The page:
Mapula Lions as Elephant Hunters
It appears that the Mapula lion pride has learned to hunt elephants. Mapula head guide Dicks Tsima has recently reported to me that he has found the Mapula lions feeding on young elephants twice. First the three Mapula Boys were found feeding on an elephant that appeared to be around six years old. Four days later the lions were again found feeding on another elephant of similar size and age near the Mapula Lodge airstrip. Hunts and kills have not been witnessed yet but the scenes definitely appeared to be fresh kill sites and the spacing of time would be a normal interval between kills. Lions in the Savute area of Botswana became legendary during the 1990’s for their specialization of hunting elephants during the dry season as a means to support their super pride of 30 plus lions.
Lions are cultural feeders and quite often prides will learn to specialize on certain prey species, typically the most commonly available large prey item in their territory. With the exception of the Savute pride elephants have never been more than an anomaly as a prey species with the odd sick or vulnerable individual taken opportunistically by lions. The Savute situation was unique as the area became very dry leading to low densities of prey species during the dry season and elephants were forced to come to a select few waterholes. With the large numbers in the pride it was most efficient to focus on this reliable source of sizeable prey. The lions mostly succeeded with hunting elephants between 4 and 10 years of age. Those younger than 4 tend to be in such close quarters with their mothers that it is difficult to gain an advantage and over 10 they simply become so large and strong that success rates drop considerably. The age and size of the Mapula elephant feedings again supports that they are learning to exploit elephants as targeted prey.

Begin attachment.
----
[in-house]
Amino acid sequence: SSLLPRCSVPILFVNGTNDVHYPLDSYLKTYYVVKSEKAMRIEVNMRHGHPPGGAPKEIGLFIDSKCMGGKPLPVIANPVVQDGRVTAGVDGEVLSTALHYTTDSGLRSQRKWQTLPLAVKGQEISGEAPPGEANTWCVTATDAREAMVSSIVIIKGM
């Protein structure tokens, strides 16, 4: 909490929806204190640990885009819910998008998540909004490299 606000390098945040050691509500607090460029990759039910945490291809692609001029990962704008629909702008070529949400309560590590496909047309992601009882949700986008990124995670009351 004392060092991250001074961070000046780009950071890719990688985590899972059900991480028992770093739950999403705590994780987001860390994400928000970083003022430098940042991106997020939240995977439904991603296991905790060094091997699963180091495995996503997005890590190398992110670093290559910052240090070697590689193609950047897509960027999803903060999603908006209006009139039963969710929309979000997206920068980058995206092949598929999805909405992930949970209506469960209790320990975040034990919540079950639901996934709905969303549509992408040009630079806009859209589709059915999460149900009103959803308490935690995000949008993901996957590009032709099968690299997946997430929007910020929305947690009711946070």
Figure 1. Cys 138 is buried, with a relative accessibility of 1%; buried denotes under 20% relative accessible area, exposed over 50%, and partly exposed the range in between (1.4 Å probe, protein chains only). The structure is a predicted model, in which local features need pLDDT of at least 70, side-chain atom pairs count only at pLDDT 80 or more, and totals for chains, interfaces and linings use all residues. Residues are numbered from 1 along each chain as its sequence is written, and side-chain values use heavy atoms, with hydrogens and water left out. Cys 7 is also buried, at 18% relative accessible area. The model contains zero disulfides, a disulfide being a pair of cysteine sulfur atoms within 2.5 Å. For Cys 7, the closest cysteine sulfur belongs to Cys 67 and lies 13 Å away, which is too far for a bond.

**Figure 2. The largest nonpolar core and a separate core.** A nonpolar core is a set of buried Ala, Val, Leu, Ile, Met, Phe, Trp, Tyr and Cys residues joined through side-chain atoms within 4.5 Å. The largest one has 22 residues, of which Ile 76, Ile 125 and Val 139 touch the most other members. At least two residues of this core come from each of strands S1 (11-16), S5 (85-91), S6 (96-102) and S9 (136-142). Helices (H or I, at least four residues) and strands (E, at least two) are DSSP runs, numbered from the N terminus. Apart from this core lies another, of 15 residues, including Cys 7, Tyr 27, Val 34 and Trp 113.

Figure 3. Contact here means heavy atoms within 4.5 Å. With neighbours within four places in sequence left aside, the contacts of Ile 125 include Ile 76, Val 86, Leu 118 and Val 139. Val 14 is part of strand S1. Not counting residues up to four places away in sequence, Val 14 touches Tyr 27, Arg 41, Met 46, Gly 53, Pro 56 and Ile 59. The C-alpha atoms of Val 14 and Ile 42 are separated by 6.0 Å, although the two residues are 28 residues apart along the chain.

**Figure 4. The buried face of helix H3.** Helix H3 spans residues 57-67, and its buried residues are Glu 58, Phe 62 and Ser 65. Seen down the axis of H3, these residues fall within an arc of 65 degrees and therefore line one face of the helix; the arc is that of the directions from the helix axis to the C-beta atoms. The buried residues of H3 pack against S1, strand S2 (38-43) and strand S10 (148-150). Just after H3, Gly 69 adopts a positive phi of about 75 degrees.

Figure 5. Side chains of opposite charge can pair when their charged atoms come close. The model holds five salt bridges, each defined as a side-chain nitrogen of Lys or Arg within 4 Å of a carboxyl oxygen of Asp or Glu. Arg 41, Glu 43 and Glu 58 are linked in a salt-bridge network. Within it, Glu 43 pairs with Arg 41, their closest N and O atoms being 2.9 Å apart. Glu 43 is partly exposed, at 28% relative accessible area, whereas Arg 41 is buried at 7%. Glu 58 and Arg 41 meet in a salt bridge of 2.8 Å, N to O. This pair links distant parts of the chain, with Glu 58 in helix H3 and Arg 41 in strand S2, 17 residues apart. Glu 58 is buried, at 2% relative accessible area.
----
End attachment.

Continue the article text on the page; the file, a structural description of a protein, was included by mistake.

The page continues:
What’s potentially fascinating is the conditions at Mapula could not be more different than Savute of the 1990’s. The Mapula area of the Okavango Delta has become inundated with high waters and there are two large buffalo herds that are the typical prey base for the Mapula lions, as well as ample amounts of other plains species.
However, with the increasing water levels of the last two years Mapula has also become a favored location for elephants and we often joke saying ‘is this Mapula or is this Chobe’ (Chobe is famed for having tens of thousands of elephants near the riverfront in the dry season). Recent clients to Mapula commented that there are more elephants than impala. Even last January, during the green season when ample water is available in the mopane woodlands and elephants usually spread out, it felt like running an elephant gauntlet on game drives through the Mapula concession as they seemed to be everywhere.
If the Mapula pride is developing into elephant hunters it seems to be driven simply by pure abundance. As the elephants are dense and widely distributed it may be less work than tracking the buffalo with swimming channels to keep up.
One other factor could be the Mapula pride is growing. After more than a year of just being the three boys and two females they now have had two litters of cubs. Certainly buffalo are sufficient to support this very average pride size but with more mouths to feed perhaps it spurned on an attempt to try out this unknown potential prey item that is being seen everywhere.
With just two adult females in the pride, and them gone for periods having cubs, these males often have had to hunt for themselves and they are very good hunters but they need to focus on large species that they can take down with brute force as stealth approach for faster plains game is not as efficient for them.
Dicks and I will continue to record these events and if the Mapula pride does develop into full on elephant hunters it will make for an interesting study that can be contrasted with what happened in Savute under such different conditions.